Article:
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The Incredible Superfood That You Haven’t Heard Of

Written by S.O.

Posted on April 20, 2015 at 5:21 pm

Known for hundreds of years as the tea consumed in traditional Japanese tea ceremonies, matcha has suddenly become the superfood of choice among those in the know.

From bodybuilders to health food aficionados, matcha is making the rounds and turning heads, primarily because of its high nutrient value and fat burning capabilities. Let’s take a few minutes to investigate this little green powder that packs quite a punch.

What Is Matcha?

Those on the matcha bandwagon certainly have a lot to crow about. Matcha is incredibly rich in antioxidants and amino acids. It seems to improve fitness performance, and burns fat even while a person is at rest. Many also speak about its calming powers, saying that matcha functions as a mood enhancer and improves concentration. We’ll dive deeper into matcha’s many health benefits, but first let’s look at what’s actually in it, and how it becomes the powder we’re familiar with..

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Because matcha is made from the entire leaf, using only the finest buds of the shade-grown tea plant amellia sinensis, nothing goes to waste in the process.

After the amellia sinensis leaves are harvested, different processing methods result in different types of tea.

If the leaves are rolled out before drying, the resulting leaves become gyokuro, or jade dew tea.

If the leaves are laid flat to dry until they crumble, they become tencha, which is then de-veined, de-stemmed, and stone-ground into the fine powder known as matcha.

The result is a tea high in fiber, chlorophyll, vitamins, and antioxidants.

What’s In It?

Matcha tea is highly concentrated. One cup has the nutritional equivalent of 10 cups of standard green tea, and 137 times more antioxidants!

The chlorophyll provides powerful detoxifying properties, helping to eliminate chemicals from the body, while also helping to balance the blood’s pH levels.

The easily absorbed dietary fiber content in matcha helps with constipation and helps stabilize blood sugar levels.

The tea contains high levels of vitamin C, magnesium, zinc, vitamin A, vitamin B-complex, vitamin E, vitamin K, chromium, selenium, and other trace minerals. It also includes the rare amino acid, L-Theanine, helping to promote relaxation by way of encouraging alpha brain waves.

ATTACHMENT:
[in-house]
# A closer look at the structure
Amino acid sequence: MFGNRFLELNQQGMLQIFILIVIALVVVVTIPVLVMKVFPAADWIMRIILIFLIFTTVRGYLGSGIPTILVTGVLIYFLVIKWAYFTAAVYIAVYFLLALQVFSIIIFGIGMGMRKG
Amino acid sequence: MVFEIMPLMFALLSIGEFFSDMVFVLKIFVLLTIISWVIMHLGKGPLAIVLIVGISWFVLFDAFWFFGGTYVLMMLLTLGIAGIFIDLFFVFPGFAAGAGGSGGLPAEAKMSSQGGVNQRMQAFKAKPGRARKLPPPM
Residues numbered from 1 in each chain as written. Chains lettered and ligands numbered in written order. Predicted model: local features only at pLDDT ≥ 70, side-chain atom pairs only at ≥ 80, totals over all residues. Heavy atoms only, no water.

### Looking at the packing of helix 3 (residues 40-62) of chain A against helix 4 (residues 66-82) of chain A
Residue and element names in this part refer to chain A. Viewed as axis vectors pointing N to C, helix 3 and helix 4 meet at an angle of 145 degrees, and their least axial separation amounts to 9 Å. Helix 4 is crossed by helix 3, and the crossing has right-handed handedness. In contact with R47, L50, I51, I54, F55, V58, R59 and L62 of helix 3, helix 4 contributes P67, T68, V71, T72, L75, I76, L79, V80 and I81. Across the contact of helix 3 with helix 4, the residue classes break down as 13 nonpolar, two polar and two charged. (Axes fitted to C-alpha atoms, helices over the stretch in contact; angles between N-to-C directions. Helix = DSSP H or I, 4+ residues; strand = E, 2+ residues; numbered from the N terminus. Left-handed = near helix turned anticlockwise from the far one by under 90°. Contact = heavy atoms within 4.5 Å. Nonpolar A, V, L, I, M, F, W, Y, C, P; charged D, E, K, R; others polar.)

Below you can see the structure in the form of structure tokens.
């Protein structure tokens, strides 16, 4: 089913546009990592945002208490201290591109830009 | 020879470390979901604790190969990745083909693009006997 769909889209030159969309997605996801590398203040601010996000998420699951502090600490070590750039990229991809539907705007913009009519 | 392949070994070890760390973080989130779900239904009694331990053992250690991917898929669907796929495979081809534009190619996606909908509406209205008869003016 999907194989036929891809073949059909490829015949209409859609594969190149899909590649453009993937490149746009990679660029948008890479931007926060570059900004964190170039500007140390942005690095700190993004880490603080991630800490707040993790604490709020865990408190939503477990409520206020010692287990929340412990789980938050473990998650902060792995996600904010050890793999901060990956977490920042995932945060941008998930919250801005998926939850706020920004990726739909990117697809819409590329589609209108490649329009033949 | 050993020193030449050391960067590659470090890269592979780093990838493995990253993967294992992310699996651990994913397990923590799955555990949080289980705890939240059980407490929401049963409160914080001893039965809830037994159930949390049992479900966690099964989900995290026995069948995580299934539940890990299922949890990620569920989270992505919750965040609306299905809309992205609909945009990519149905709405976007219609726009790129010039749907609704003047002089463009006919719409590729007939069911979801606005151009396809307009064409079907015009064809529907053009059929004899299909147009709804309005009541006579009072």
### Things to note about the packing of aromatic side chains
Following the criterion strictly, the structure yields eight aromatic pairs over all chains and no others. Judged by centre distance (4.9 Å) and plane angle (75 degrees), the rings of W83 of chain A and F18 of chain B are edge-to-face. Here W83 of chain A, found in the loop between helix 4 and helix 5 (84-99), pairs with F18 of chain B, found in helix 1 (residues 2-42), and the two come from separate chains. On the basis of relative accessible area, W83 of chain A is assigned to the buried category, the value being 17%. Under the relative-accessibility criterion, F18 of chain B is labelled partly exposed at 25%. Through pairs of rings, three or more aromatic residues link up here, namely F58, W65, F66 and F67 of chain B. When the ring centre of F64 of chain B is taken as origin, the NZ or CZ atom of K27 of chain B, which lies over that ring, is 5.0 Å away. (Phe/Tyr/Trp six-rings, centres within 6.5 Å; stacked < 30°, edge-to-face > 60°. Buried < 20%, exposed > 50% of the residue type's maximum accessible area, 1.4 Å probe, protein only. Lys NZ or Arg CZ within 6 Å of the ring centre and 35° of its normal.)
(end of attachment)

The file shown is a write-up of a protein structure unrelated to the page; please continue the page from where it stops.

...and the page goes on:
Photo by Kirinohana

Further, L-Theanine is thought to aid memory, and because it promotes the production of dopamine and serotonin, it functions a mood enhancer and helps improve concentration.

While L-Theanine is common in many types of tea, matcha contains around five times more of the substance than other black or green teas.

Matcha also contains catechins and polyphenols. Research has shown these chemicals to be beneficial in a variety of areas, including immune system improvements and antibiotic-like properties that promote cardiovascular and gastrointestinal health. Matcha may even help prevent tumor growth.

The tea’s high levels of antioxidants help reduce triglycerides, lower total cholesterol, and help lower hepatic glucose content in diabetics.

Matcha also contains the powerful EGCg, an antioxidant that has been found to fight aging and chronic diseases, contains cancer-fighting properties, and helps reduce the accumulation of lipids. Populations that consume matcha have been shown to have lower levels of LDL cholesterol (often called the “bad cholesterol”), and higher levels of HDLs, or “good cholesterol.” Studies have shown that men who drink matcha tea have an 11-percent reduced chance of developing heart disease.

Weight Loss and Performance Enhancement

While there’s no doubt that the medicinal effects of matcha are promising, the tea has some benefits for those seeking to lose weight and/or increase athletic performance.

Matcha is nearly completely devoid of calories, and is shown to boost metabolism – one study by the American Journal of Clinical Nutrition found that use burns calories up to four-times more. It does this by boosting the body’s thermogenesis – a fancy way of saying the rate at which the body burns calories – at a rate of around 35-43 percent over the normal rate of 8-10 percent. This is amazing when you consider that matcha does not stress the body by raising your blood pressure or heart rate, which is a common side effect of the amphetamine-like diet pills and shakes that dominate the weight-loss market.

Matcha also has been demonstrated to decrease some of the negative aftereffects of strenuous workouts.

Photo by ejstanz

While research is still seeking to confirm this link in humans, early results in mice have shown improved endurance, increased fat usage, and helping repair damaged cells following workouts. These findings extend well past the average performance booster, as it appears to decrease the cell damage and decline in performance many people feel as they age. It may even help in preventing muscle wasting, a concern among many older people, as well as those with debilitating diseases that attack muscle growth and repair.

While matcha certainly has multiple uses, and imparts a long list of health benefits, it should not be looked as a “magic pill” that applies in all circumstances and for all individuals. What we have found, however, is that matcha tea, combined with the right lifestyle and dietary changes, can help along the process of becoming healthier.

Adding matcha to your routine won’t cure all of your ills, but don’t be surprised if matcha helps turn the good things you already do for you body into undeniably great things.


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